The photographs offer a unique insight into the local area during the period. They document thousands of local residents as well as local and regional schools, colleges and theatre groups, social events such as weddings and house parties, grand country houses and other institutions from across the UK and the Continent. Knights-Whittome also held a Royal Warrant and was known as ‘Photographer to the King’, capturing images of Edward VII, his son George V, and his grandson, the future Edward VIII, as well as many European Royalty of the time.

Perhaps most touchingly, the collection contains hundreds, perhaps thousands, of World War 1 soldiers in uniform, a lost generation of men and boys who either lived in the area or were stationed locally before their postings. Work to date has already uncovered images of a number of men whose names are listed on local war memorials but the collection also has national significance due to the number of soldiers Knights-Whittome photographed from the Epsom Woodcote camp who were posted and billeted nearby during their training.

Private E S Huelin, 1 Dec 1916 Copyright: David Knights-Whittome, Reproduced courtesy of Sutton Archives

Despite interest and efforts to research the material during the time it has been held by the borough, the scale of the work has meant that hitherto, the collection has remained largely untouched. In 2014, Sutton Archives was awarded £95,900 by the Heritage Lottery Fund and since December of that year work has started to clean, rehouse, digitise, catalogue and research the collection. The work is largely done by a team of dedicated volunteers who lend the project a few hours each week. Without their help, it would be impossible to make the material available.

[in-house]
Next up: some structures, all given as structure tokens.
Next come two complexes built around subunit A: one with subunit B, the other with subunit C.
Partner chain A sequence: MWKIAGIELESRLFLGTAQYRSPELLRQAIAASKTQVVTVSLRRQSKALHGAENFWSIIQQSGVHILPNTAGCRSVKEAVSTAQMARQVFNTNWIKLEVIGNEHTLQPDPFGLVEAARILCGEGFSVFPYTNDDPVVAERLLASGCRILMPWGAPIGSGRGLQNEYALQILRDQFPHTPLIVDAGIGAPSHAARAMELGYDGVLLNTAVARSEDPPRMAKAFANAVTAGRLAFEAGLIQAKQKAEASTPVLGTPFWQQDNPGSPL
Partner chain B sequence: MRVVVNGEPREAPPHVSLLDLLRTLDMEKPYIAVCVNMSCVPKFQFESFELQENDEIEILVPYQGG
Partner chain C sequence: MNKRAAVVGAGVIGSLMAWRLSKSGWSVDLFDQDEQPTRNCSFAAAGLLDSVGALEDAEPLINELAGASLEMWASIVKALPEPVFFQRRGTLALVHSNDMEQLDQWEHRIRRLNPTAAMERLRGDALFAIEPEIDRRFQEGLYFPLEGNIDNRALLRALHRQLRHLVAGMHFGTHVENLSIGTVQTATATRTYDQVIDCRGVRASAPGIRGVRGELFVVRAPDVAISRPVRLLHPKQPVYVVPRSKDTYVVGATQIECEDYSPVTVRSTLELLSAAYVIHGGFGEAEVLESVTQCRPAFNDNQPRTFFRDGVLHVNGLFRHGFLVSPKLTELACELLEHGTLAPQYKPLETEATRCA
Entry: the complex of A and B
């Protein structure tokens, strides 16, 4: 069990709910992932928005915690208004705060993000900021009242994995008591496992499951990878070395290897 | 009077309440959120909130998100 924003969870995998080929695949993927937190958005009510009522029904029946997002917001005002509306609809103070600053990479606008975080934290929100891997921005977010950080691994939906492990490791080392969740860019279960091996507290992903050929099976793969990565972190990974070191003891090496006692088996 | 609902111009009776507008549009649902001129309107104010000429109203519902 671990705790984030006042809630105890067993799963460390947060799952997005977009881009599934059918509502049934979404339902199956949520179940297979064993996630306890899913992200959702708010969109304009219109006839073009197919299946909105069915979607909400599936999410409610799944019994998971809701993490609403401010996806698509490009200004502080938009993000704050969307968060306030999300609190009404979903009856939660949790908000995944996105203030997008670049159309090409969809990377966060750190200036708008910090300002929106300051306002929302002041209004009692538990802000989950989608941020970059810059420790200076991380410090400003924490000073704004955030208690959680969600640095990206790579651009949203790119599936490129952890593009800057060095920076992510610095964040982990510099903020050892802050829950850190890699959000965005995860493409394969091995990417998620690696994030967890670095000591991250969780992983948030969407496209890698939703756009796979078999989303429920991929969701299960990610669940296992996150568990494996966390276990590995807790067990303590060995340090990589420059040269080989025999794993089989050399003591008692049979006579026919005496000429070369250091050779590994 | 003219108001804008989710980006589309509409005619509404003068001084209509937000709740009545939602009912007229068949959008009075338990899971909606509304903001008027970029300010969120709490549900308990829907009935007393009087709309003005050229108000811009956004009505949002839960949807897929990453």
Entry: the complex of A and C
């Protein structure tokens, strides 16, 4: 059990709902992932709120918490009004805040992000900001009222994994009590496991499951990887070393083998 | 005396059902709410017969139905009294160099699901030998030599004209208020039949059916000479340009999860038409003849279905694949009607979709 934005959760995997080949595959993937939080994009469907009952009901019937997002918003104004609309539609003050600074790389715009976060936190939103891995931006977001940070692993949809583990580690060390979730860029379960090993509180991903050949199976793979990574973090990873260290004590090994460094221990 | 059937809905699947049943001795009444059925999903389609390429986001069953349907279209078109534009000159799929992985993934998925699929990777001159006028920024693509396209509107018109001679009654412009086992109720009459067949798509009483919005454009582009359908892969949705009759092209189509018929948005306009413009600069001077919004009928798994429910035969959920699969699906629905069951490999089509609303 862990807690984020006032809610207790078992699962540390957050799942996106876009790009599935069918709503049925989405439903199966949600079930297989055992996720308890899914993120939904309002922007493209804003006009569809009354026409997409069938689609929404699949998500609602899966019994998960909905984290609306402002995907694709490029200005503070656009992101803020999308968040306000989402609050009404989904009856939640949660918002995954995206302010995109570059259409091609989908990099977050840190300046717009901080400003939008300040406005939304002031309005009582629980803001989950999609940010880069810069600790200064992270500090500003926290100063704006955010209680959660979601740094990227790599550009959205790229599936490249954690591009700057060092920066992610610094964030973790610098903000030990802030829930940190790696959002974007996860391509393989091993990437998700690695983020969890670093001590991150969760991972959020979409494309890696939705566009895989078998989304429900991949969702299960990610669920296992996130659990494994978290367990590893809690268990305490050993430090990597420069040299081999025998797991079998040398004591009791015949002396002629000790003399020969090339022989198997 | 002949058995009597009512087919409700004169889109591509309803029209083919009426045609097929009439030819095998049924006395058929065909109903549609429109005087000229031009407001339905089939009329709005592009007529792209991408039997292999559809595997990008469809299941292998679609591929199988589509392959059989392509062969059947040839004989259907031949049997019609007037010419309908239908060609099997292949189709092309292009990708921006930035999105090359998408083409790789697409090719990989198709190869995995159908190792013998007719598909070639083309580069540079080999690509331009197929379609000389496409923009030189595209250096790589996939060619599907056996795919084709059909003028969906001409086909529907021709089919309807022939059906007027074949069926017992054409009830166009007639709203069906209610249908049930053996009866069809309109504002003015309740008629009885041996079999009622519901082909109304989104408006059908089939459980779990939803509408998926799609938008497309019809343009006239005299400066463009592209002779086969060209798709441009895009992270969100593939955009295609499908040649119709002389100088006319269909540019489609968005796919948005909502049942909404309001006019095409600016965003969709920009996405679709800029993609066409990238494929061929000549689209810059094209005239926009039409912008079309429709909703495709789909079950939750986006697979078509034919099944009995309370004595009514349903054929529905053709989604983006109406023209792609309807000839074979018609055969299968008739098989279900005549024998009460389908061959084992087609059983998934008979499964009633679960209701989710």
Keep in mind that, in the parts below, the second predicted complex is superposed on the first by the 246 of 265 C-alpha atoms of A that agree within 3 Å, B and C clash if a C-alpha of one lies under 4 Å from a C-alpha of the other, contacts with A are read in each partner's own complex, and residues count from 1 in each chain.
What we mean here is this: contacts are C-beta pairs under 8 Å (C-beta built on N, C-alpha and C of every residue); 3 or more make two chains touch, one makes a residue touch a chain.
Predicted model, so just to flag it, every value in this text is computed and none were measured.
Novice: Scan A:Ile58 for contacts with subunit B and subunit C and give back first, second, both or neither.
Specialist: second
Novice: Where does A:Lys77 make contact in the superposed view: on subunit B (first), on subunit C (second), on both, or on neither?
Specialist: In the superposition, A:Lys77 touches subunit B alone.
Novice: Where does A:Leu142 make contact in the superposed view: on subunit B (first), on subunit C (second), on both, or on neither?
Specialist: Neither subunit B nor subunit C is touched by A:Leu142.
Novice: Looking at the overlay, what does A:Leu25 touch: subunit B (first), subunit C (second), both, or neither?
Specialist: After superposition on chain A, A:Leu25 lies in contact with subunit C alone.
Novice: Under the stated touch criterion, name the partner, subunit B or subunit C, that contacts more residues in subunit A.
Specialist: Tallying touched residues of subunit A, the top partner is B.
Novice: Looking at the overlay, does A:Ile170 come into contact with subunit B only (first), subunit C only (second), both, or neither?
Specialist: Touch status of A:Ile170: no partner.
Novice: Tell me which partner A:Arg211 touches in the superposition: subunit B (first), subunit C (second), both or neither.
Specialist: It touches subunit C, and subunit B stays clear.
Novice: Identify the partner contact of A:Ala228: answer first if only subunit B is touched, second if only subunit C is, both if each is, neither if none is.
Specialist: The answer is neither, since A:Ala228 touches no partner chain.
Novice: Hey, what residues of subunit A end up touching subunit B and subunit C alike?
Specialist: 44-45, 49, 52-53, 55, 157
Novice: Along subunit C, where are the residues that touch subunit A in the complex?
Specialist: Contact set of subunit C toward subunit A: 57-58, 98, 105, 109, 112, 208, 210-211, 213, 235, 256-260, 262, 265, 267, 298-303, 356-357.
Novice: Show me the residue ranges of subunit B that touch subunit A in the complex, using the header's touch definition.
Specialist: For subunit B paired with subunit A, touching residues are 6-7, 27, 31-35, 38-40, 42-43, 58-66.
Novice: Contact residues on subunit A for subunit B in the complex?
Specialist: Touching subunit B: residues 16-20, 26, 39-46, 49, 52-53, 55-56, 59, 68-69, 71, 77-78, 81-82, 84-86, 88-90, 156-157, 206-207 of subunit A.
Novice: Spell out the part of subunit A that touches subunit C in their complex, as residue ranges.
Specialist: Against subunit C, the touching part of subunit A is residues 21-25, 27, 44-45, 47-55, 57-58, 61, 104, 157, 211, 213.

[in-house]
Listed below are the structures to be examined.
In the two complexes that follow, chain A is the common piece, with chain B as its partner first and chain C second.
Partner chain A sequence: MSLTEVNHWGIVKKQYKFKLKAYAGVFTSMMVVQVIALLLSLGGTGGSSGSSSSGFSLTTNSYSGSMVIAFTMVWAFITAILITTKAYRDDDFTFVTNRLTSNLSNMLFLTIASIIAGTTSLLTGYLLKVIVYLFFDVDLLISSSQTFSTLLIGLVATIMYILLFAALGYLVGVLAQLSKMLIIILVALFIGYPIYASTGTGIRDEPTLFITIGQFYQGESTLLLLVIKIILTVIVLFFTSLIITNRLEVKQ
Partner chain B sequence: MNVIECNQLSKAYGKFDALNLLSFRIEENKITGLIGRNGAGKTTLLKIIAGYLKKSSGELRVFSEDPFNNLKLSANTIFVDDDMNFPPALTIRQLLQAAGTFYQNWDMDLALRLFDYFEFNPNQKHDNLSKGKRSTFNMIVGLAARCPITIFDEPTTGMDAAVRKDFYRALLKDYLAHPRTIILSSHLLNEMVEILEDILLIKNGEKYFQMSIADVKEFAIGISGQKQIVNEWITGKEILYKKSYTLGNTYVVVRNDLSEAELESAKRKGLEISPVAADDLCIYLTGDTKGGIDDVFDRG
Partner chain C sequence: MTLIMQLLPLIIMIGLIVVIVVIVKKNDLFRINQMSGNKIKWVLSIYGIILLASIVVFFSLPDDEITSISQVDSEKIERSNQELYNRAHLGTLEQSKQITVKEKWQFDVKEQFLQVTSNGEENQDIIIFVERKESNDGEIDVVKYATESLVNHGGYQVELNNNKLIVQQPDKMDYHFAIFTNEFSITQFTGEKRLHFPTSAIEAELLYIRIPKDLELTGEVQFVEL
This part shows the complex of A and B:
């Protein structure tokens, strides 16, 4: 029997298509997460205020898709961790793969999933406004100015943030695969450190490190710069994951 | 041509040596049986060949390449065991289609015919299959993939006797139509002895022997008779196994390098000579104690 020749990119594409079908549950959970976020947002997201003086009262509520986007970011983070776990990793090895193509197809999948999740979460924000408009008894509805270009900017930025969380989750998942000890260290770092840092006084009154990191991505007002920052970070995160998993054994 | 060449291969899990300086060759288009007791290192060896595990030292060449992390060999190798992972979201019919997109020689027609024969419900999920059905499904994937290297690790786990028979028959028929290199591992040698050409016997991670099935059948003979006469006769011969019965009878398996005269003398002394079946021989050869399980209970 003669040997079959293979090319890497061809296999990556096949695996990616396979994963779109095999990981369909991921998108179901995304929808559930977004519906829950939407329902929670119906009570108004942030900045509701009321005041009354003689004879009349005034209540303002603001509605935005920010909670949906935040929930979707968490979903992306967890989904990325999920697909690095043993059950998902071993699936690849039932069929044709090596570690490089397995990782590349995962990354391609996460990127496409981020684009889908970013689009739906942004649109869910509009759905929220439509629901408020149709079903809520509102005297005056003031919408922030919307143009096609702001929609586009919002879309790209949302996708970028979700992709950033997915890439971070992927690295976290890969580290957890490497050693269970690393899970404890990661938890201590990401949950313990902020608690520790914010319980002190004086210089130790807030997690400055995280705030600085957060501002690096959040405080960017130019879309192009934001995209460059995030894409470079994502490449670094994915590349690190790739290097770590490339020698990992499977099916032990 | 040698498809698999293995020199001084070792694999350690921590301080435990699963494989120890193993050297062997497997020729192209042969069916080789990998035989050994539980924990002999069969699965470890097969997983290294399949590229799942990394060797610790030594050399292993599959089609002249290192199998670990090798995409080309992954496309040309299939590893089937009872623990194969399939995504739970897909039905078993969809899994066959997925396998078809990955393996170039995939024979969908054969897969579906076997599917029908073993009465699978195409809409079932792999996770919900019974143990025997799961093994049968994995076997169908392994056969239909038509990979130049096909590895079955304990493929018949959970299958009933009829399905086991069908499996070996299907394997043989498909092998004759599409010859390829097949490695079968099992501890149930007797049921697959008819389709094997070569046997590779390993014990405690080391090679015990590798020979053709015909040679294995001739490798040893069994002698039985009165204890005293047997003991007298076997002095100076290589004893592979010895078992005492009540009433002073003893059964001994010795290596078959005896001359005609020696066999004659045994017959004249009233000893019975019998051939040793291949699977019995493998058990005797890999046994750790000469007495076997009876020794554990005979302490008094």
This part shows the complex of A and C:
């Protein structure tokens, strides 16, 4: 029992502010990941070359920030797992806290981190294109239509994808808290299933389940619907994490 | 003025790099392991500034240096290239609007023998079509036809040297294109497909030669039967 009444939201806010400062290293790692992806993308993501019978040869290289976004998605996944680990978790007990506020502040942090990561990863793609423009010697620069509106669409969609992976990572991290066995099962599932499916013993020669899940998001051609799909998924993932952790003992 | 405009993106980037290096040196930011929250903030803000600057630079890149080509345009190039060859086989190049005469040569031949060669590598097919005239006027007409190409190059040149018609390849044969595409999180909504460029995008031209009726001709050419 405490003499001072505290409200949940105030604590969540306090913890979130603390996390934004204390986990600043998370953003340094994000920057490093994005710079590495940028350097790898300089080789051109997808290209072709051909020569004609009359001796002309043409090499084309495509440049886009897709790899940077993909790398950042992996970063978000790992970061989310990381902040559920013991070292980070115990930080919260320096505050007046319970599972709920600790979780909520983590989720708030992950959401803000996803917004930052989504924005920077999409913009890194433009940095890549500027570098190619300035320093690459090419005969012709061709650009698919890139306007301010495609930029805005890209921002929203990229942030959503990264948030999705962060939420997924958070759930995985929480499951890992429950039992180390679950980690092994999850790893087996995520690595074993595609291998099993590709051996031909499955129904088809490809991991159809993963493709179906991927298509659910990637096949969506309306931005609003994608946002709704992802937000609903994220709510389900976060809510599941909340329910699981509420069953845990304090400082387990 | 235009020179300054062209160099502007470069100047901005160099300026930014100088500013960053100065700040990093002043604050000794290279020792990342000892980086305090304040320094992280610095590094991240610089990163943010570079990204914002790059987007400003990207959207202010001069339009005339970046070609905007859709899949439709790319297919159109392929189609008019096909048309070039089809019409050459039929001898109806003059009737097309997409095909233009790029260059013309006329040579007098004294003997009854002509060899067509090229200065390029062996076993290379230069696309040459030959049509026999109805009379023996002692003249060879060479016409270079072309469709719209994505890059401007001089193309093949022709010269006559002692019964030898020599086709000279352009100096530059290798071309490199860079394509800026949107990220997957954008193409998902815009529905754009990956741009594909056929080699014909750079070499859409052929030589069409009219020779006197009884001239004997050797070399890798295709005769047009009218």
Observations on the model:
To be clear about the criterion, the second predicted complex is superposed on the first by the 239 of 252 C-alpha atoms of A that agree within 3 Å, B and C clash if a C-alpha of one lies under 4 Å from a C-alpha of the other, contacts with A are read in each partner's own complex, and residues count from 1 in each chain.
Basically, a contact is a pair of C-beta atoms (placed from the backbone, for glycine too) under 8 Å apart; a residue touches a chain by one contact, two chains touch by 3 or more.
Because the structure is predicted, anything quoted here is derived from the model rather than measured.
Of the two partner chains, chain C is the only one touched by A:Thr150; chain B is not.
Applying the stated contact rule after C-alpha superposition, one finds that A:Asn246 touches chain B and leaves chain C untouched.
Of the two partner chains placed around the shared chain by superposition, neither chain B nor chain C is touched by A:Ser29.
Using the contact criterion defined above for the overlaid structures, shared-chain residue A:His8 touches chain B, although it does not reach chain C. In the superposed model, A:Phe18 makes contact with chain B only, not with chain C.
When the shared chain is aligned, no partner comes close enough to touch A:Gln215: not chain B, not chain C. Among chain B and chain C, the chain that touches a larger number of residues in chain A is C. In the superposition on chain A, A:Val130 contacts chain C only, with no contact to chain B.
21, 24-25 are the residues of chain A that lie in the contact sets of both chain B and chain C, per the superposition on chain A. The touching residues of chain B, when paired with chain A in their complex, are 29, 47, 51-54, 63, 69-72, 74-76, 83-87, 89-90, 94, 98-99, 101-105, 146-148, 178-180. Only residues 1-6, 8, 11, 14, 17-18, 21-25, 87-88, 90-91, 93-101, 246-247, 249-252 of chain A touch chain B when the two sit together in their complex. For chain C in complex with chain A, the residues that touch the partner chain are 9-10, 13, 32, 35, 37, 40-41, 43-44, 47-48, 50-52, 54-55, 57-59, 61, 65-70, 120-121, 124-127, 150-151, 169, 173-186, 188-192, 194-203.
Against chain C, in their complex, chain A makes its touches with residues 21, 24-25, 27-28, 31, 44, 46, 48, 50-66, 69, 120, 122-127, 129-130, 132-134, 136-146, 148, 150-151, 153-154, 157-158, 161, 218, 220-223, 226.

One year in, the project has digitised over 3500 plates and researched close to 200 of the individuals pictured, but there is much work to do. Much of the collection is in urgent need of conservation and researching the subjects of the plates is often an impossible task. Images of the digitised plates are being made available to view on the Sutton Archives Flickr page and the project hopes that by making the material freely accessible online, the public may be able to help them identify some of the individuals and places pictured.

The project hopes to secure future funding to continue working on the material after 2016. In the meanwhile volunteer help is always welcome. If you would be interested in volunteering for the project please contact Project Officer Abby Matthews at [email protected] or call on 0208 770 4746.

David Knights-Whittome, Reproduced courtesy of Sutton Archives

Private C G Lovegrove, 10 Jul 1916 Copyright: David Knights-Whittome, Reproduced courtesy of Sutton Archives